The Costs of Brushing with an Electric Toothbrush vs Manual Toothbrush

manual toothbrush

One of the main factors influencing your decision on whether to buy a rechargeable toothbrush rather than a manual will undoubtedly be the cost of the toothbrush, because they are expensive gadgets. The more features, and additional gimmicks they have, the more expensive they become, although you don’t need to buy the most expensive electric toothbrush to achieve a really good brush, a lower end model with only one cleaning mode and a timer will do just as good a job.

This is how the costs compare over the course of two years between brushing with an electric toothbrush and a manual:

Cost of Electric Toothbrush vs Manual Toothbrush

  Electric $ Manual $
Price of Toothbrush

50

5

Brush heads / Manual brush Yr 1

36

15

Total Year 1

86

20

Total Year 2

48

20

TOTAL

$134

$40

Assumptions in the Cost of Electric Vs Manual Toothbrushing Calculations

Assumptions used in the calculations above were as follows:

  • A mid to low end rechargeable toothbrush with one brush head included in initial purchase
  • Brush heads and manual toothbrush are changed every 3 months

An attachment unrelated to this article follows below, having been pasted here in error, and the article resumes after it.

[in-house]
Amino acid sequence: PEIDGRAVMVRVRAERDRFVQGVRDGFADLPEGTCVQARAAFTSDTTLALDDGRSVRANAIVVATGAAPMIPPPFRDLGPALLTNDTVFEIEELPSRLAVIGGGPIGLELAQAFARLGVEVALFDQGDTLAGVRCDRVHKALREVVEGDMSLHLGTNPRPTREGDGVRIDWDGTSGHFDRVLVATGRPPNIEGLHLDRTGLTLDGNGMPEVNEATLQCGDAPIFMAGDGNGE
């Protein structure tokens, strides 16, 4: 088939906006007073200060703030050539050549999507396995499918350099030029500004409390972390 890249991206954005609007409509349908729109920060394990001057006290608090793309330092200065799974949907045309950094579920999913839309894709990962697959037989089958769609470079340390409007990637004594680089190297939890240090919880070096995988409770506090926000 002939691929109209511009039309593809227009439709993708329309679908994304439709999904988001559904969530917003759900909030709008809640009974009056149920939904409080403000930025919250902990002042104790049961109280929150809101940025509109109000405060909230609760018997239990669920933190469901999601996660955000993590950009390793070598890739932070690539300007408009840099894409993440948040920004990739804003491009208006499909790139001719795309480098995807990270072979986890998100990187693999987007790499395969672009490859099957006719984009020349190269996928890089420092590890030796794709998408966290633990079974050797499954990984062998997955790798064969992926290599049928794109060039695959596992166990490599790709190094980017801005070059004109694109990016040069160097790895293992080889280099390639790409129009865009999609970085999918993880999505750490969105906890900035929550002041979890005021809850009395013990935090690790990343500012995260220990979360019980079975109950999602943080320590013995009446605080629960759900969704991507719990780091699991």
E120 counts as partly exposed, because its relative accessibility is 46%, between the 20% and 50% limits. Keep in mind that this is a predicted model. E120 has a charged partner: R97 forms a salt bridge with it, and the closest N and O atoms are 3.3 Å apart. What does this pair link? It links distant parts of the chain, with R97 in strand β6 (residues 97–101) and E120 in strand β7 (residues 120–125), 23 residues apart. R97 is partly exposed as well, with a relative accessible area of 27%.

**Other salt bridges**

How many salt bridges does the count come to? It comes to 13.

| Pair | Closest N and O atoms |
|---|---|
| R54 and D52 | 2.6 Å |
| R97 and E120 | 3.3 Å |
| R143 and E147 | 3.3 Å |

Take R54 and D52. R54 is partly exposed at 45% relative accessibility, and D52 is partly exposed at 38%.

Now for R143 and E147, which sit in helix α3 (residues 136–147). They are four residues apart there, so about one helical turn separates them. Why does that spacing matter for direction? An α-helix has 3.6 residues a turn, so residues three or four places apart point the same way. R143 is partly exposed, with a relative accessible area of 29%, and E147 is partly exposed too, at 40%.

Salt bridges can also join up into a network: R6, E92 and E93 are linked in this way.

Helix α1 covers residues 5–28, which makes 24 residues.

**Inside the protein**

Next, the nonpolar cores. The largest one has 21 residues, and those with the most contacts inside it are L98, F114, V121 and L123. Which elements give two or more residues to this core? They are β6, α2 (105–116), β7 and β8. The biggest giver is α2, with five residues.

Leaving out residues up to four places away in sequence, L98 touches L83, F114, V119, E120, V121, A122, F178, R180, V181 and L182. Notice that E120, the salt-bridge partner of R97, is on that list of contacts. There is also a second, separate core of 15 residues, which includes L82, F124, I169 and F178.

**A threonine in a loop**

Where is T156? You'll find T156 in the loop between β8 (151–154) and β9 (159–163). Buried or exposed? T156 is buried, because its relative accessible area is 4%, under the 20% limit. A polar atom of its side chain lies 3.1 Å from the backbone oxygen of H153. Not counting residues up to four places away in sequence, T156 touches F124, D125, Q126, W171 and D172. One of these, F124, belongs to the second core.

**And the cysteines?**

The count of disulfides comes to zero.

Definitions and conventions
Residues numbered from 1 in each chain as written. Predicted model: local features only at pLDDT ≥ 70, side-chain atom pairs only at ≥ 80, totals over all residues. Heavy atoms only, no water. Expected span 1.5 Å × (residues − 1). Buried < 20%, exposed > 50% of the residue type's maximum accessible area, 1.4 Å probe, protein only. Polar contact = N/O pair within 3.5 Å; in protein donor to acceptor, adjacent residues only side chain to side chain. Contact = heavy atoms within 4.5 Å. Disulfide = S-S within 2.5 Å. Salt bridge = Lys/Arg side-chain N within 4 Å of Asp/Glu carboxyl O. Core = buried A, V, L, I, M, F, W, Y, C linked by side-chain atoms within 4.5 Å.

• Year 2 is the cost of brush heads and manual toothbrush only
  • Cost of replacement brush heads for electric toothbrush is $12 and $5 for manual toothbrush

Looking at the above costs there is no doubt that the manual toothbrush is a lot cheaper over the course of two years, however, there is another significant factor that comes into play here and that can’t be quantified, and that is the dental costs you will incur as a result of poor dental hygiene resulting from adopting poor technique during manual brushing.

Electric toothbrushes are betterBecause an electric toothbrush carries out such a better job at removing plaque than a manual toothbrush, this will lead to a much healthier mouth and less gum disease and gingivitis. For you, this means less trips to the dentist to carry out routine treatments such as plaque removal, less fillings due to cavities caused by the build-up of plaque, and as a result a saving of what could possibly be hundreds, if not thousands of dollars a year on dental care.

Based on the above calculations, after two years, the manual brusher will have saved a total of $94, that’s less than $50 per year, and unless they have their manual brushing technique down to a T and don’t rush their oral hygiene routine, it is likely that they will have paid more than that in extra trips to the dentist than the person using the electric toothbrush. Even one extra trip to the dentist for a routine clean for plaque removal will cost more than that. I know which type of brush I would choose, how about you?

 

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